Ipswich MP Tom Hunt praises school for giving ‘lifeline’ to the disadvantaged
Ipswich MP Tom Hunt has praised Copleston High School for giving a “lifeline” to students throughout the Covid-19 crisis - particularly those disadvantaged by the pandemic.
Schools like Copleston were forced to close to everyone except the children of key workers in March, in a bid to limit the spread of the virus.
Secondary schools have been able to welcome back some Year 10 and Year 12 pupils this month, but the majority of learning has had to take place at home.
Mr Hunt - a member of the House of Commons education select committee, who visited Copleston’s brand new multi-million building on Friday - said the “stakes are very, very high for young people” at the moment, because of the potential impact the crisis could have on their education.
Copleston principal Andy Green has already warned that “students are going to really suffer and miss out” unless there is really high-quality online teaching.
Yet many have also raised fears of a “digital divide”, with Copleston itself loaning laptops and internet data dongles to families who may not have their own computers or wi-fi to access online materials.
Mr Hunt, who battled dyspraxia and dyslexia as a child, said he was particularly concerned about children with special educational needs, saying: “I know when I was younger, I formed attachments to particular teachers and learning support assistants.
“For a lot of children, losing that face to face support is something I’d be concerned about.”
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However, alongside a strong programme of online learning including screencasts and Microsoft Teams sessions, Copleston has tried to maintain relationships with those receiving special educational needs support - by making home visits where it has been possible.
Acutely aware of the emotional pressures of lockdown and increased sense of isolation, wellbeing coordinator Kelley Osman has led a thorough mental health support programme which has included regular advice given to families.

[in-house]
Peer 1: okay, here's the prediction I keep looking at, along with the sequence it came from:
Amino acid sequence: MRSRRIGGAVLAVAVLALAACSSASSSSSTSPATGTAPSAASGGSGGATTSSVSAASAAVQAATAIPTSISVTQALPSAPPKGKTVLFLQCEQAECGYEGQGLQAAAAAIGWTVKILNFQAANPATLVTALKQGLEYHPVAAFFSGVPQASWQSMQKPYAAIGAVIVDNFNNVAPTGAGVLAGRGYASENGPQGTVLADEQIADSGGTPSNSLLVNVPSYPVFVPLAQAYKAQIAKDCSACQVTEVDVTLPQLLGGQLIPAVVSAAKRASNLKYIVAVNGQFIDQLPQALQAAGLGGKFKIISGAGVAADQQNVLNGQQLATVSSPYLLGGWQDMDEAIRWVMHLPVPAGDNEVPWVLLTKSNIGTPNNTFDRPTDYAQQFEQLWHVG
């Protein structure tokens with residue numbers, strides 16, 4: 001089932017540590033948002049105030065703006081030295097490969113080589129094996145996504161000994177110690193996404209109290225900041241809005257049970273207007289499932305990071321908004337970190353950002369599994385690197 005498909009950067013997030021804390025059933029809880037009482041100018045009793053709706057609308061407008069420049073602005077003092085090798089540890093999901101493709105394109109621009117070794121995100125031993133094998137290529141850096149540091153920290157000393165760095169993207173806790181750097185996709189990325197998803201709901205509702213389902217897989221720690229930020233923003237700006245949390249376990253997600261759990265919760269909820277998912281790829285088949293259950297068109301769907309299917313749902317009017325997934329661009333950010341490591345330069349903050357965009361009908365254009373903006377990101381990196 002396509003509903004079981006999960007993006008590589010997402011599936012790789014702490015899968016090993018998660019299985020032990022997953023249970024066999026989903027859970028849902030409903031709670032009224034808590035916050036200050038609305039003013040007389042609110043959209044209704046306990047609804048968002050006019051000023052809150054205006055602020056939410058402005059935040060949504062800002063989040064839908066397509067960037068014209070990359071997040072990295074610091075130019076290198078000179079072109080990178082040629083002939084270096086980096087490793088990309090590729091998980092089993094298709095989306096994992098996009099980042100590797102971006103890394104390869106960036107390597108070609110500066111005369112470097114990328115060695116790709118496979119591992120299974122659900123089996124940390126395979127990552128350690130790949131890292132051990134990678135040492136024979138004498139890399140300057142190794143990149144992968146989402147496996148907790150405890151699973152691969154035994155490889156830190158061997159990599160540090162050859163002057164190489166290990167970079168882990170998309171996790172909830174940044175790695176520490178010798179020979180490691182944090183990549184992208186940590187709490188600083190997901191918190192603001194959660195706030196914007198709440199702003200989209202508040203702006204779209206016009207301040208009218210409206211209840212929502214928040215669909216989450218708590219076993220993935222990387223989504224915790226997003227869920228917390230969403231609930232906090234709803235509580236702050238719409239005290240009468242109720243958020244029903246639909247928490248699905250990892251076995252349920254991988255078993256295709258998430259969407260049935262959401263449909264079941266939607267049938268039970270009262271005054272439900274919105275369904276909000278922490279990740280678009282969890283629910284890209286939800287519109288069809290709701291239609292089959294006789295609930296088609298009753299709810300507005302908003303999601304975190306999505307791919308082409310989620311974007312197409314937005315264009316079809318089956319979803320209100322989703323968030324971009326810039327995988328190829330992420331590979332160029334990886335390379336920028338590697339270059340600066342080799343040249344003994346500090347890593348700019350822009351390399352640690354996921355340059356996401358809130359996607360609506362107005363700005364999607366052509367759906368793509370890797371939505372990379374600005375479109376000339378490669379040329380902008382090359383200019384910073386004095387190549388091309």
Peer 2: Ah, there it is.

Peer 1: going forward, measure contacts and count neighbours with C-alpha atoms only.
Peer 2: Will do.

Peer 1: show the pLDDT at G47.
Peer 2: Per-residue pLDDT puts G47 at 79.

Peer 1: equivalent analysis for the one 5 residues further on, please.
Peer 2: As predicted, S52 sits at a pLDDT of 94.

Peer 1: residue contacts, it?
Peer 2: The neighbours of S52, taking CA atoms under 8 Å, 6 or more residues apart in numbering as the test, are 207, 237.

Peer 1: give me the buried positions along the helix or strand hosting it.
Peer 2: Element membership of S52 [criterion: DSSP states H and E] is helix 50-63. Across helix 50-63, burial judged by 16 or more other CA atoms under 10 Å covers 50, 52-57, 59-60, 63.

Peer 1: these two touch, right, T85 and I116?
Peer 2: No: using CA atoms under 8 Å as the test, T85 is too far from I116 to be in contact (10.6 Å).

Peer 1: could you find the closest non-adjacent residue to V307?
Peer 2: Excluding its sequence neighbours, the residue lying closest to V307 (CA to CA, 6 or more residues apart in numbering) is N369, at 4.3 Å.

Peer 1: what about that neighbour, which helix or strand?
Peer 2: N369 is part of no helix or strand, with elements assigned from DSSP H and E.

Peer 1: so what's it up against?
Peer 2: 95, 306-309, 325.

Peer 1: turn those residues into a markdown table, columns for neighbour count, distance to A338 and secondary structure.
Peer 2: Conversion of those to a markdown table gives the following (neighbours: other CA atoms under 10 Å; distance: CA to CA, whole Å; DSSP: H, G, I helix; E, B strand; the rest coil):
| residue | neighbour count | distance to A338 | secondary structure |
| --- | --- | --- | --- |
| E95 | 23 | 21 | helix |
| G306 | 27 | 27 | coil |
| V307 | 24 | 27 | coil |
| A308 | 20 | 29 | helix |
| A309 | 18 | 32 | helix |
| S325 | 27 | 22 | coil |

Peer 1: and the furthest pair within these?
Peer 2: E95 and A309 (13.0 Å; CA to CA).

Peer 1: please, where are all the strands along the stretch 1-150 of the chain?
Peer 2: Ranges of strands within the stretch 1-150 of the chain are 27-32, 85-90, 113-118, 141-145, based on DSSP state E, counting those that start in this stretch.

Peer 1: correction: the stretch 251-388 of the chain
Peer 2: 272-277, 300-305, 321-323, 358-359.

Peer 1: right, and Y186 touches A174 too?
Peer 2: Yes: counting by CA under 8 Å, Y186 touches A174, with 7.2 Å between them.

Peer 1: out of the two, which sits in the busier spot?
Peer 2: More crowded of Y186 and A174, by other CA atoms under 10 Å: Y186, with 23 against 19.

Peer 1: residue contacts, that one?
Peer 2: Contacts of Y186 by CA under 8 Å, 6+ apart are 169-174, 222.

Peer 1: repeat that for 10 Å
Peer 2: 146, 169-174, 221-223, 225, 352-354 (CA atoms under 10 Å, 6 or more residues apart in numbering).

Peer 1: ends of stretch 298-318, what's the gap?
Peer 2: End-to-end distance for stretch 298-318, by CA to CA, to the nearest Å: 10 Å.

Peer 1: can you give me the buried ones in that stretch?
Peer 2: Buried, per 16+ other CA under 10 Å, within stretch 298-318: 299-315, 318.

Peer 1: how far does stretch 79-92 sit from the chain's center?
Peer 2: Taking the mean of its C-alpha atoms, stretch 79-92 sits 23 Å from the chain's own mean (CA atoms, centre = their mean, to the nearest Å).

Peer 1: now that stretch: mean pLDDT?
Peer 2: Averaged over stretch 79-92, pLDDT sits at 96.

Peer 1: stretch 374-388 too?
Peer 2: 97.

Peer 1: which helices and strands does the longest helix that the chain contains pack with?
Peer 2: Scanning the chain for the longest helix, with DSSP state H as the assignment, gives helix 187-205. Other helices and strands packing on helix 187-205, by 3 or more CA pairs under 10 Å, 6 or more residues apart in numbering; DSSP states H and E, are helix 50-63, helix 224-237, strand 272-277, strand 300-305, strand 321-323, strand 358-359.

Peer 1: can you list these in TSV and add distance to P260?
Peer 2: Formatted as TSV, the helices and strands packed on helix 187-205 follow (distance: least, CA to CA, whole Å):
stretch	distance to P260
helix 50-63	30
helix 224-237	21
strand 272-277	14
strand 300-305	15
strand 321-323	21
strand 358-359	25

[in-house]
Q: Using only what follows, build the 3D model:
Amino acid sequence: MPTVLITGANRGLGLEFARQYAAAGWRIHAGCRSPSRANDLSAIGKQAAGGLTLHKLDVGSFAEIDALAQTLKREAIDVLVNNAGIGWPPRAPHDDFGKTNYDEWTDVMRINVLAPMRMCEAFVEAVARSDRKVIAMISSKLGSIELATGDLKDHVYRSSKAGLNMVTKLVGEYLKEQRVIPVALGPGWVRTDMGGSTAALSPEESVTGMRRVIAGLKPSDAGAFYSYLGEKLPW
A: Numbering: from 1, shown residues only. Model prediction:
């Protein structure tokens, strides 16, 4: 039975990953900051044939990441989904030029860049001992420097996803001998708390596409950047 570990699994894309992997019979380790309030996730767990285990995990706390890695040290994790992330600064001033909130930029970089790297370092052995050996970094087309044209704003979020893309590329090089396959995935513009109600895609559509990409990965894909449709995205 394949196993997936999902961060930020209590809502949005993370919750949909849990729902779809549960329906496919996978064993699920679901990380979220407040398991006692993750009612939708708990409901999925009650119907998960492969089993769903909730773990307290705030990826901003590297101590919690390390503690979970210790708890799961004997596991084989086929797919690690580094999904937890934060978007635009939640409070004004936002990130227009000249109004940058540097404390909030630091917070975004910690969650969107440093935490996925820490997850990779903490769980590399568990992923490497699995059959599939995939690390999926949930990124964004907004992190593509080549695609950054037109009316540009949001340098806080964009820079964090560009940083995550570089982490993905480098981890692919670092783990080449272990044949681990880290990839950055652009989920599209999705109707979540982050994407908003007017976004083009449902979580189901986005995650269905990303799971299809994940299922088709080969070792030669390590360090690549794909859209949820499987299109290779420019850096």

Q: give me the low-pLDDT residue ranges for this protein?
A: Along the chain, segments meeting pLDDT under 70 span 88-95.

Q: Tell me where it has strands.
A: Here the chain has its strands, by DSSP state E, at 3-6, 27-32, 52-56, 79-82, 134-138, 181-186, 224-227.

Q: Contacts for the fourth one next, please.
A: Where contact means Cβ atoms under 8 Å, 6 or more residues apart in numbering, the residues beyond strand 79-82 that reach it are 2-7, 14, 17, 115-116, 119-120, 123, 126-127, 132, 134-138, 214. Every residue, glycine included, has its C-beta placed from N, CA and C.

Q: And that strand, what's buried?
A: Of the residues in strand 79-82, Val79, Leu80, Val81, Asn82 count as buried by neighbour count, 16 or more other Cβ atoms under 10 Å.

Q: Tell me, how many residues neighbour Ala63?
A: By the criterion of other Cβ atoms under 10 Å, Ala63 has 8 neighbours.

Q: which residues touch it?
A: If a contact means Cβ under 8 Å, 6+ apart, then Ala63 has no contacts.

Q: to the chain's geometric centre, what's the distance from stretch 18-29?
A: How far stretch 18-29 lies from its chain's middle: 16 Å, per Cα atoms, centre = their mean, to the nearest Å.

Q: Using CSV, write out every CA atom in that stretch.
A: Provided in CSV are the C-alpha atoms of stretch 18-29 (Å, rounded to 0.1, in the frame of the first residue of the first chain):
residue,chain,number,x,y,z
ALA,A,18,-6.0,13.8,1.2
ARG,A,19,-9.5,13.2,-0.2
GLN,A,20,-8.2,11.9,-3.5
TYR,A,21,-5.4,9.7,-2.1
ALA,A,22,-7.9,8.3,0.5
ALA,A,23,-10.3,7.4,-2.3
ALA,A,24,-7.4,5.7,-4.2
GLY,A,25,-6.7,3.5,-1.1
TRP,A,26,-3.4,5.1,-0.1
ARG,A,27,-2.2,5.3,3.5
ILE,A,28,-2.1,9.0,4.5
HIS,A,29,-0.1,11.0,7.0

While he remains concerned about young people across the UK in general following the coronavirus crisis, Mr Hunt said Copleston should be “extremely proud” of its work to help people from all backgrounds.
He praised its “distinctive and authentic” online learning and “razor-like focus on mental health”, adding: “I can’t think of a school which has taken it more seriously than Copleston.”
Mr Hunt, who was elected to parliament in the 2019 general election, said the steps Copleston had taken would mitigate any potential effects - but said: “If those steps aren’t taken, there’s a real danger some of those from disadvantaged backgrounds could really fall back.
“This really couldn’t matter more. It’s about young people and their life chances.”
He also praised the “community shelf” Copleston has set up with the Raedwald Trust to deliver food boxes to families of children facing hardship as a result of the crisis, saying it was a “fantastic initiative which has done huge good, brought people together and provided a lifeline to many”.
Mr Green said Copleston had worked hard to make sure all students are supported, regardless of their background - but said: “We’re learning all the time,” and striving to improve.
Suffolk schools have taken different approaches to online learning, with some setting rigid programmes and others simply encouraging parents to do their best to educate their children.
Mr Green believes schools like Copleston will need to continue to develop a “blended learning approach” in future, where they can switch quickly from classroom to online learning should another lockdown be needed because of further coronavirus outbreaks.
“If schools don’t do this well, it will be the most disadvantaged students who fall further behind,” he warned.
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